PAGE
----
The beautiful woman in this photo is Katherine Antoinette Singler, Peggy’s paternal grandmother, born October 11, 1894, to Jacob and Sophia Foerstel Singler. She was the youngest in a family of six girls and one boy.
Katherine married Clarence Reinhardt on May 4, 1927. They were married for nearly 22 years and had four children (Charles, Hubert, Joseph and Mary) before Clarence died suddenly of pulmonary thrombosis in January 1949.
Katherine led a full and active life thereafter, outliving her husband by more than 47 years. For the major part of the rest of her life, she lived with daughter Mary, son-in-law John Colombo and grandson Eddie Colombo in St. Louis and, in later years, Raleigh, North Carolina.
In May of 1991, the parish priest at the Catholic Church the family attended in Raleigh told Mary he’d like to give Katherine a special blessing as the oldest member of the parish. Mary offered him this brief account of her mother’s vocation in life.
All through her youth Grandma had always wanted to become a nun—specifically a Daughter of Charity. This is an order of nuns that work with the poor. She had worked for many years as a volunteer at the Guardian Angel Settlement. This was, in the 1920s, a day care center for the working poor. When she approached her mother about her vocation, her mother objected for reasons unknown to Grandma. In those days you did not question your parents.
Grandma continued throughout her life to do good works. Before she was married, she was a dressmaker. During the day she made ball gowns for the very rich, while in the evenings she made first communion veils for the very poor. She taught the women at the day care center how to sew clothes for their children. She always used the talents given her to help the poor and the church. She made all the vestments and altar clothes for our parish, Sts. Peter and Paul. She also made cassocks for poor seminarians.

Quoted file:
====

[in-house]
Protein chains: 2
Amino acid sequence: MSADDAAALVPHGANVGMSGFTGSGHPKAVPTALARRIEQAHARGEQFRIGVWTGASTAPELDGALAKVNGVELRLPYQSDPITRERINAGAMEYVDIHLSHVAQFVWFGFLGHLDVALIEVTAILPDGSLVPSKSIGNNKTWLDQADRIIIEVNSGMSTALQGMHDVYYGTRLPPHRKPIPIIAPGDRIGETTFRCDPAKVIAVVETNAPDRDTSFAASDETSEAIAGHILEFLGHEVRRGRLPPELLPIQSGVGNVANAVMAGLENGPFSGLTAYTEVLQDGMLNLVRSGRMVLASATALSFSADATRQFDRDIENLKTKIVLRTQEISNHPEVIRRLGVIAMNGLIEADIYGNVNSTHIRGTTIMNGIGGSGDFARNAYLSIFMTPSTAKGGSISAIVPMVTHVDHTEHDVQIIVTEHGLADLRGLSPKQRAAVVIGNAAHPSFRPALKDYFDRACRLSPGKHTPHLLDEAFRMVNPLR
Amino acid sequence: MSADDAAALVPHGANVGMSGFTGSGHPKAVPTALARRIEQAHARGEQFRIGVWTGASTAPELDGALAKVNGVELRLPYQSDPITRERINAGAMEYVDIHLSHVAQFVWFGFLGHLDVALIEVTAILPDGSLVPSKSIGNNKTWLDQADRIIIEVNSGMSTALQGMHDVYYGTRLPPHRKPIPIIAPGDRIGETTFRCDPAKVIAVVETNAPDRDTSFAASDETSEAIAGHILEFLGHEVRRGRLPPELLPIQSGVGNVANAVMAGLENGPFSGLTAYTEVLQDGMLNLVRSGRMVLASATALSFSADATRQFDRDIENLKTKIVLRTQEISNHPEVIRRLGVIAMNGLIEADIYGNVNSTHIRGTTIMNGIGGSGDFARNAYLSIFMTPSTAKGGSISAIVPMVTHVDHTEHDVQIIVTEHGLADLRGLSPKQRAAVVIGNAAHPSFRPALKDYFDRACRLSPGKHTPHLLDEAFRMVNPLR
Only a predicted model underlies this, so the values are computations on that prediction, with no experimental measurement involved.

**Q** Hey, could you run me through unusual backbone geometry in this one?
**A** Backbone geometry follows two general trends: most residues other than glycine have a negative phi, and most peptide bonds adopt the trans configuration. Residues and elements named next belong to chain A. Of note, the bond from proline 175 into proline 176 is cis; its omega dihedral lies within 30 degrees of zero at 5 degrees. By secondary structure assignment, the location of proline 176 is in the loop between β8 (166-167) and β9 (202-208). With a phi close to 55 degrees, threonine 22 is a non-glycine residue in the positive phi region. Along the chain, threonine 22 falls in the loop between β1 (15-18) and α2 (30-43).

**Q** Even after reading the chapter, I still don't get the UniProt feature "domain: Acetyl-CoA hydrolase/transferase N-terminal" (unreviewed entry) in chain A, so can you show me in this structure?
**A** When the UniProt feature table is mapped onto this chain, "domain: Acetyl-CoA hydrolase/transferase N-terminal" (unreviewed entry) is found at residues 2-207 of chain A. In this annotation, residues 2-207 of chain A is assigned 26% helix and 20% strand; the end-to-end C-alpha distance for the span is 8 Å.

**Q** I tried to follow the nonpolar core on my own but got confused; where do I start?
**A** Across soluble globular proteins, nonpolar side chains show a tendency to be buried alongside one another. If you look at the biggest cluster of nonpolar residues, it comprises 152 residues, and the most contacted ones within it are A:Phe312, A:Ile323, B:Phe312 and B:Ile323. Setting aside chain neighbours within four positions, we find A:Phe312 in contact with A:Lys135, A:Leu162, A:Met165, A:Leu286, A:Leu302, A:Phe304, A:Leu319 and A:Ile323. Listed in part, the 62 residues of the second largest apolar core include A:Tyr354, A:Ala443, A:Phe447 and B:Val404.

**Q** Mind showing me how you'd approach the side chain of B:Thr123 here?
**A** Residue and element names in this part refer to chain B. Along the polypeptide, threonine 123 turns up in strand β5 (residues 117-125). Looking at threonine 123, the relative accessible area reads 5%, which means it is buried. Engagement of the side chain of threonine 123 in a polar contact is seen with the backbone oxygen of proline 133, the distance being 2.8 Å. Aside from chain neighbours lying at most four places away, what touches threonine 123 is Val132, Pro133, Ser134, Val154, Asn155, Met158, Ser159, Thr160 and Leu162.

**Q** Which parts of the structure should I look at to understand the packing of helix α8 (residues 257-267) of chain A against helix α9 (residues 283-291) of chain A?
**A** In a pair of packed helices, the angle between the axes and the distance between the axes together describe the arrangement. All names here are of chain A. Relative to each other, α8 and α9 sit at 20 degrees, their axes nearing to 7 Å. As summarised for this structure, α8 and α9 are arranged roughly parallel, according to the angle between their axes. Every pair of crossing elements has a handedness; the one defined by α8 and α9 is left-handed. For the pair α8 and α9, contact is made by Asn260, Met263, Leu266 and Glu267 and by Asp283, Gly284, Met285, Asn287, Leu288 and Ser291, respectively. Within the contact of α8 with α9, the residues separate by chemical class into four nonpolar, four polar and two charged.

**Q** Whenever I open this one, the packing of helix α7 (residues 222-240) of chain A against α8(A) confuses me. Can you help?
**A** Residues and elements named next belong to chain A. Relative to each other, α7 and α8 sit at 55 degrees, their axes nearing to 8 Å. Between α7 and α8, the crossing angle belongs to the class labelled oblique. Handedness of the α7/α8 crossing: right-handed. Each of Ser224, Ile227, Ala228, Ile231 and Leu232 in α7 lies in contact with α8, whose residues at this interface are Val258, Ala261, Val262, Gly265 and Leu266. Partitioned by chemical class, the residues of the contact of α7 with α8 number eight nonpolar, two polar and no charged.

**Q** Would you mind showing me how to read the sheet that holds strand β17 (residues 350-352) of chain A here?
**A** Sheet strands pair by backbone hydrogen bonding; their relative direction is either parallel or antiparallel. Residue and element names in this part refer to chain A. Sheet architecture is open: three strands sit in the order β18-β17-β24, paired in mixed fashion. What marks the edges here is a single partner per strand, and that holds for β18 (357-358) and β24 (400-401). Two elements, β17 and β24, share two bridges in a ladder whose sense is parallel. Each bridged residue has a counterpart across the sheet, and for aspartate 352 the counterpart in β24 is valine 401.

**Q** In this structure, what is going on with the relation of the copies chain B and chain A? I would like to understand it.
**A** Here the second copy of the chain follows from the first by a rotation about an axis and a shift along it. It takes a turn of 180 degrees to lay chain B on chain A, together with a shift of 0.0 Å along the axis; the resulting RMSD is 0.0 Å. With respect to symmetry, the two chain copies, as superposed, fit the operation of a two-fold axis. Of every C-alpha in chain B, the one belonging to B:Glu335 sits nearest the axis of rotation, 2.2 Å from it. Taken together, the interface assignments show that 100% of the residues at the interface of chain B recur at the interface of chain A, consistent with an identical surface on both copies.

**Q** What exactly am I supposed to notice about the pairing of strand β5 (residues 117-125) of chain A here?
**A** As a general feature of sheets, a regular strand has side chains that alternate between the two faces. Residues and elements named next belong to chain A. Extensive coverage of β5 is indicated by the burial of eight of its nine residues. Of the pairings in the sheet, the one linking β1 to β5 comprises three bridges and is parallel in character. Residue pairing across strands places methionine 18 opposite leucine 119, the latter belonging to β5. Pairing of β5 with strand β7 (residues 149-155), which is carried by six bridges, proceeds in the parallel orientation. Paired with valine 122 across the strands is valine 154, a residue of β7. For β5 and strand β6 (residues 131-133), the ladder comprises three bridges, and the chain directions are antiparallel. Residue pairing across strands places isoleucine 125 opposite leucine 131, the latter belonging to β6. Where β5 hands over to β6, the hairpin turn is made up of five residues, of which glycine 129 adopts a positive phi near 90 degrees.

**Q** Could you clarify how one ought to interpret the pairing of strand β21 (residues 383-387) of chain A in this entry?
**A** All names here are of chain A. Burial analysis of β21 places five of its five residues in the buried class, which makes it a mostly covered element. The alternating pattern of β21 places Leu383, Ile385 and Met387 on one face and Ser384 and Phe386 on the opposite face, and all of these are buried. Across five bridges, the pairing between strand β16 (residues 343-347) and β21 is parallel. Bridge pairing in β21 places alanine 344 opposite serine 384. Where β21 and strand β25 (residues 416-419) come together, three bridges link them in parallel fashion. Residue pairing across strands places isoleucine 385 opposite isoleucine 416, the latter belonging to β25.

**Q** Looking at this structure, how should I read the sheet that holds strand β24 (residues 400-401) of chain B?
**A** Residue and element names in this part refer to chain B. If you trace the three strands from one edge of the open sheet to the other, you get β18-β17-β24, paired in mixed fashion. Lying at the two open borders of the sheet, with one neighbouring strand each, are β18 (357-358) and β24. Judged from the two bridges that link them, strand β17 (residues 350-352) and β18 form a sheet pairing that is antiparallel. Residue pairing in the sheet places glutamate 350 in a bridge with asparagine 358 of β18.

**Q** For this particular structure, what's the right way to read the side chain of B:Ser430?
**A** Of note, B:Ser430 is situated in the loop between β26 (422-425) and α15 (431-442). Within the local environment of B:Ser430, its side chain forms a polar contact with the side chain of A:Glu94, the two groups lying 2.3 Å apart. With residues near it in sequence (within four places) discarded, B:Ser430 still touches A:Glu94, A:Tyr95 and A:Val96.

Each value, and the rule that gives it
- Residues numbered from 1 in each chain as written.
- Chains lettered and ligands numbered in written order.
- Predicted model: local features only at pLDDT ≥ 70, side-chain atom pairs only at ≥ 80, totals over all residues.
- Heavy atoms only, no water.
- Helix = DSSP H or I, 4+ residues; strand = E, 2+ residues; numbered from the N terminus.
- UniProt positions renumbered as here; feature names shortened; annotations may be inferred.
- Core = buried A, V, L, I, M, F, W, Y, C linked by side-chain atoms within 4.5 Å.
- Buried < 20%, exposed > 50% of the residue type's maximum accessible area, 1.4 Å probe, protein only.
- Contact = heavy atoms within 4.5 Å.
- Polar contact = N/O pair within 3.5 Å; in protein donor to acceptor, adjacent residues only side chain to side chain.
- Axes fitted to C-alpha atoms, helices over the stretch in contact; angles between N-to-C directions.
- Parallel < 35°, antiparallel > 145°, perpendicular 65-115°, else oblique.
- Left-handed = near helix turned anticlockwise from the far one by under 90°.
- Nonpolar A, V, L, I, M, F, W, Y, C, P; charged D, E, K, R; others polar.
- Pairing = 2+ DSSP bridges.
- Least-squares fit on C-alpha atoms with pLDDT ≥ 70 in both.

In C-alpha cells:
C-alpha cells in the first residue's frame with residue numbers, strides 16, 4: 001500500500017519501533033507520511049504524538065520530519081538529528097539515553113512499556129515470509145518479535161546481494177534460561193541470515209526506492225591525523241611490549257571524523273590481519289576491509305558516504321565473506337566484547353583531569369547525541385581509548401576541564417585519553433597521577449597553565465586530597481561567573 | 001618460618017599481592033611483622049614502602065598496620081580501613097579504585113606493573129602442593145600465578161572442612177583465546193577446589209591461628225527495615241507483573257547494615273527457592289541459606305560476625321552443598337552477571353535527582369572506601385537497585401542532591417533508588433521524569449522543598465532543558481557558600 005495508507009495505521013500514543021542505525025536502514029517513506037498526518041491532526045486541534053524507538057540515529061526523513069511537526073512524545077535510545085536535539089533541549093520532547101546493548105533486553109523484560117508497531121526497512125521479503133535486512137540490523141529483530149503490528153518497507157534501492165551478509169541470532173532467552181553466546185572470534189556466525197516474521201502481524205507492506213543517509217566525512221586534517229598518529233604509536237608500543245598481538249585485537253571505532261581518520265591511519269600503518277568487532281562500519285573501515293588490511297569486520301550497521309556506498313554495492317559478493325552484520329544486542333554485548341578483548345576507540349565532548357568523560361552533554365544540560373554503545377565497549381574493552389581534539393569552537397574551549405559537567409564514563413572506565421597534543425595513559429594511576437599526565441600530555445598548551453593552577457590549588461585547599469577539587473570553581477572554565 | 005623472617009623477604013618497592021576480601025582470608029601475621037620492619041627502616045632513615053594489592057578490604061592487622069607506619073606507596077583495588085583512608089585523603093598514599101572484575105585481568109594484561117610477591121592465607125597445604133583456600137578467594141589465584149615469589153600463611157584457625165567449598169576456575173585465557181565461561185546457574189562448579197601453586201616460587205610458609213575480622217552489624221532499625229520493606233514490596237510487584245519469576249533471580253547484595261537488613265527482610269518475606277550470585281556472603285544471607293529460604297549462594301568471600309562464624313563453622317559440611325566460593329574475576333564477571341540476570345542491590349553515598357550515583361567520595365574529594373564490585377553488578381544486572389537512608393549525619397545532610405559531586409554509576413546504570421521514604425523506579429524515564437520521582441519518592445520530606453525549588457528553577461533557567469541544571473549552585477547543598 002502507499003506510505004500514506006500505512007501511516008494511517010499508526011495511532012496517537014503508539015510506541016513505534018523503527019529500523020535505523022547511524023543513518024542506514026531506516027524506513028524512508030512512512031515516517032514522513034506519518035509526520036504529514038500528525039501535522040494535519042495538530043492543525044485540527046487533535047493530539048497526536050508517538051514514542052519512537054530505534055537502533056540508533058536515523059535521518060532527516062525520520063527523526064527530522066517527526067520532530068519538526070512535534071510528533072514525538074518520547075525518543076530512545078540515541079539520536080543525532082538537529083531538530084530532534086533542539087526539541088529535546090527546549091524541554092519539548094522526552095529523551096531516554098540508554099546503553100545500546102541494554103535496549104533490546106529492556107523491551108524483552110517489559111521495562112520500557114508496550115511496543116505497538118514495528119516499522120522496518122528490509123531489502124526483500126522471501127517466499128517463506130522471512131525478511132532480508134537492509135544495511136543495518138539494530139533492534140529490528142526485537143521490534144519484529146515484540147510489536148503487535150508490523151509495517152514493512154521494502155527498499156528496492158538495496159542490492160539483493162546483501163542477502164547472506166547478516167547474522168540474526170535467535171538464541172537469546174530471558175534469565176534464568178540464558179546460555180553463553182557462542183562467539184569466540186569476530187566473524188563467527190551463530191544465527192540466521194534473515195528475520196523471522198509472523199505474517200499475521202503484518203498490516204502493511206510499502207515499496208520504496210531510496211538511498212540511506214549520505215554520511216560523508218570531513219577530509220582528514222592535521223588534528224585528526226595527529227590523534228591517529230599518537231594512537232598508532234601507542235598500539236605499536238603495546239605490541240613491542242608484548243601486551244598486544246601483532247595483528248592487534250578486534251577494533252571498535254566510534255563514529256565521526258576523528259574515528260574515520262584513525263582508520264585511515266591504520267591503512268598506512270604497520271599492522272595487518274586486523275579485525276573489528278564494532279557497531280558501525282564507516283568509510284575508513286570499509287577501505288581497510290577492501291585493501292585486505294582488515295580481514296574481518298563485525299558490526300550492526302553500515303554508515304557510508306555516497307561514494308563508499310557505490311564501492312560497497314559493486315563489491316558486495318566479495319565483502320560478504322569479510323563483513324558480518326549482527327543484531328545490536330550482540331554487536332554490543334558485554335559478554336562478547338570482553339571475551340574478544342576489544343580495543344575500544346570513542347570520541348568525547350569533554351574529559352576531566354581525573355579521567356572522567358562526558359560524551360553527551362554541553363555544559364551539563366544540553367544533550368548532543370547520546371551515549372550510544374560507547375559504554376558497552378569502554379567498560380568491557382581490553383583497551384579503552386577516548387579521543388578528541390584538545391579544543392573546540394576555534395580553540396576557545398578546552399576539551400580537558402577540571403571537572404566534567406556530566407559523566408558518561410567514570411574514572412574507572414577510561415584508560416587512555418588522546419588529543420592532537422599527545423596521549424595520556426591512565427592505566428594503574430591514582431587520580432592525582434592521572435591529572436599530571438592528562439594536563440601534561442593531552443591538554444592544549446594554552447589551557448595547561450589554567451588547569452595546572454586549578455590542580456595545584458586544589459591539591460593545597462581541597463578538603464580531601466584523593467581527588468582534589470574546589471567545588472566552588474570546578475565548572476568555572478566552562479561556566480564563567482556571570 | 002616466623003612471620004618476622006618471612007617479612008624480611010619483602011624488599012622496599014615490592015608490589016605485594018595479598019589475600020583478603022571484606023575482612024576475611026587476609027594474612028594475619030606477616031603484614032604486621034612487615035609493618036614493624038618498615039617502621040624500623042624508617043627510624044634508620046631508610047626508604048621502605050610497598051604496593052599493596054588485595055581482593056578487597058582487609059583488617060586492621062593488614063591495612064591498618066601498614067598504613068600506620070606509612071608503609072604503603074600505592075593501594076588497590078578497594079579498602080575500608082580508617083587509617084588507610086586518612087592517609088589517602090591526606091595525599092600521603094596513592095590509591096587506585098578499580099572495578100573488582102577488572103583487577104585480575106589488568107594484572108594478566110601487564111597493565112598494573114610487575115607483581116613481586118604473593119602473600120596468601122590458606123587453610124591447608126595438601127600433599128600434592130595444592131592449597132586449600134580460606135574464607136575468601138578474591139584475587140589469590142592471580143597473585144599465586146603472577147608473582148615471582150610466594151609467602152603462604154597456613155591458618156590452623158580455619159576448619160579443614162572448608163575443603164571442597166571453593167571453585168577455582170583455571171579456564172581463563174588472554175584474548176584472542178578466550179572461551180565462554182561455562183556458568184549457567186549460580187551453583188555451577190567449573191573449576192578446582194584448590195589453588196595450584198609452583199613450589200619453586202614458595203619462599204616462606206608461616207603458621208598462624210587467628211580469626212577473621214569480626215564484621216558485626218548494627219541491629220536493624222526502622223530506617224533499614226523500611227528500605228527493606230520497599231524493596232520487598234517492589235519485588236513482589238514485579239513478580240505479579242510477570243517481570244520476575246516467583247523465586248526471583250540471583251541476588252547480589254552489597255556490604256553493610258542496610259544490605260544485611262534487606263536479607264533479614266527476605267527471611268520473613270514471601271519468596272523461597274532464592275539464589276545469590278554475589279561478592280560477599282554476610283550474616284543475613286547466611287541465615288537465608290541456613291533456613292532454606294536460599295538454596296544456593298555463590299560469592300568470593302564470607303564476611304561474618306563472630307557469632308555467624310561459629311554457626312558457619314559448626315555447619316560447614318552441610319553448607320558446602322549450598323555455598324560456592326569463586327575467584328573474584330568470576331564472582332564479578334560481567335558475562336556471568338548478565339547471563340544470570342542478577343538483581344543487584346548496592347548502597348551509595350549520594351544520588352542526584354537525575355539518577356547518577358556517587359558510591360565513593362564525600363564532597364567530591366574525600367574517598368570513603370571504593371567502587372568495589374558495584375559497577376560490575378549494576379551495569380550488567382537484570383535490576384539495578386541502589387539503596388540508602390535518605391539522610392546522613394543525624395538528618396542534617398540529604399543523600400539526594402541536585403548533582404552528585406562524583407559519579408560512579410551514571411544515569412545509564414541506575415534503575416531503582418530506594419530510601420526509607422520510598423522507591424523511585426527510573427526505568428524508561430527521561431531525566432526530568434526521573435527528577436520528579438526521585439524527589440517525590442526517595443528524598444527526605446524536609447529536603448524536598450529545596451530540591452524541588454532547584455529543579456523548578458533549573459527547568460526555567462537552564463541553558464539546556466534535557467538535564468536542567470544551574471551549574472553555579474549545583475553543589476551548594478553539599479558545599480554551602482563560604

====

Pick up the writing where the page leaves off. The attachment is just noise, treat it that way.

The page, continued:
She always treated everyone with dignity, no matter how down and out they might look. When we were young, hobos (men out of work who would do odd jobs for a meal) would always come to our home. I think the word was passed that Grandma was very kind and a great cook.
When I was about eight or nine, Grandma heard about Helen, a former classmate who had been institutionalized by her husband in the state mental hospital. When she went to visit her, she found out that Helen had no visitors for five years. Grandma proceeded to visit Helen at least once a month and took me with her. There was nothing wrong with Helen except that she knew that her husband did not want her and felt she had no place to go. Grandma tried to get her released to her care but her request was turned down. Through Grandma’s efforts and prayers, Helen was ultimately released to her children and went on to lead a productive life.
Grandma had great devotion to the saints, especially the Blessed Mother, St. Joseph and St. Francis. To this day, special requests are placed under St. Joseph’s statue. I have kept many of them. Most are requests for a good husband for a friend, improved health or a job for someone out of work.
The parish priest incorporated some of Mary’s remembrances into his homily.
During a hospital stay near the end of Grandma’s life, she was visited by a hospital chaplain. The chaplain was a fairly new priest and had just recently been assigned the position. Grandma had celebrated her 101st birthday and was well past the age of watching what she said. As a St. Louis native, she took great joy in drinking a cold Budweiser beer. She also was fond of Kentucky Fried Chicken. When the chaplain asked Grandma if he could do anything for her, she responded, “If you haven’t got a Budweiser or some Kentucky Fried Chicken, then you can’t do a damn thing for me.”
The beer pictured here is a special “Katie’s Brew” that the Reinhardt family in St. Louis had created in celebration of Katherine’s 101st birthday.
Katherine Antoinette Singler Reinhardt died on October 5, 1996, just a few days short of her 102nd birthday.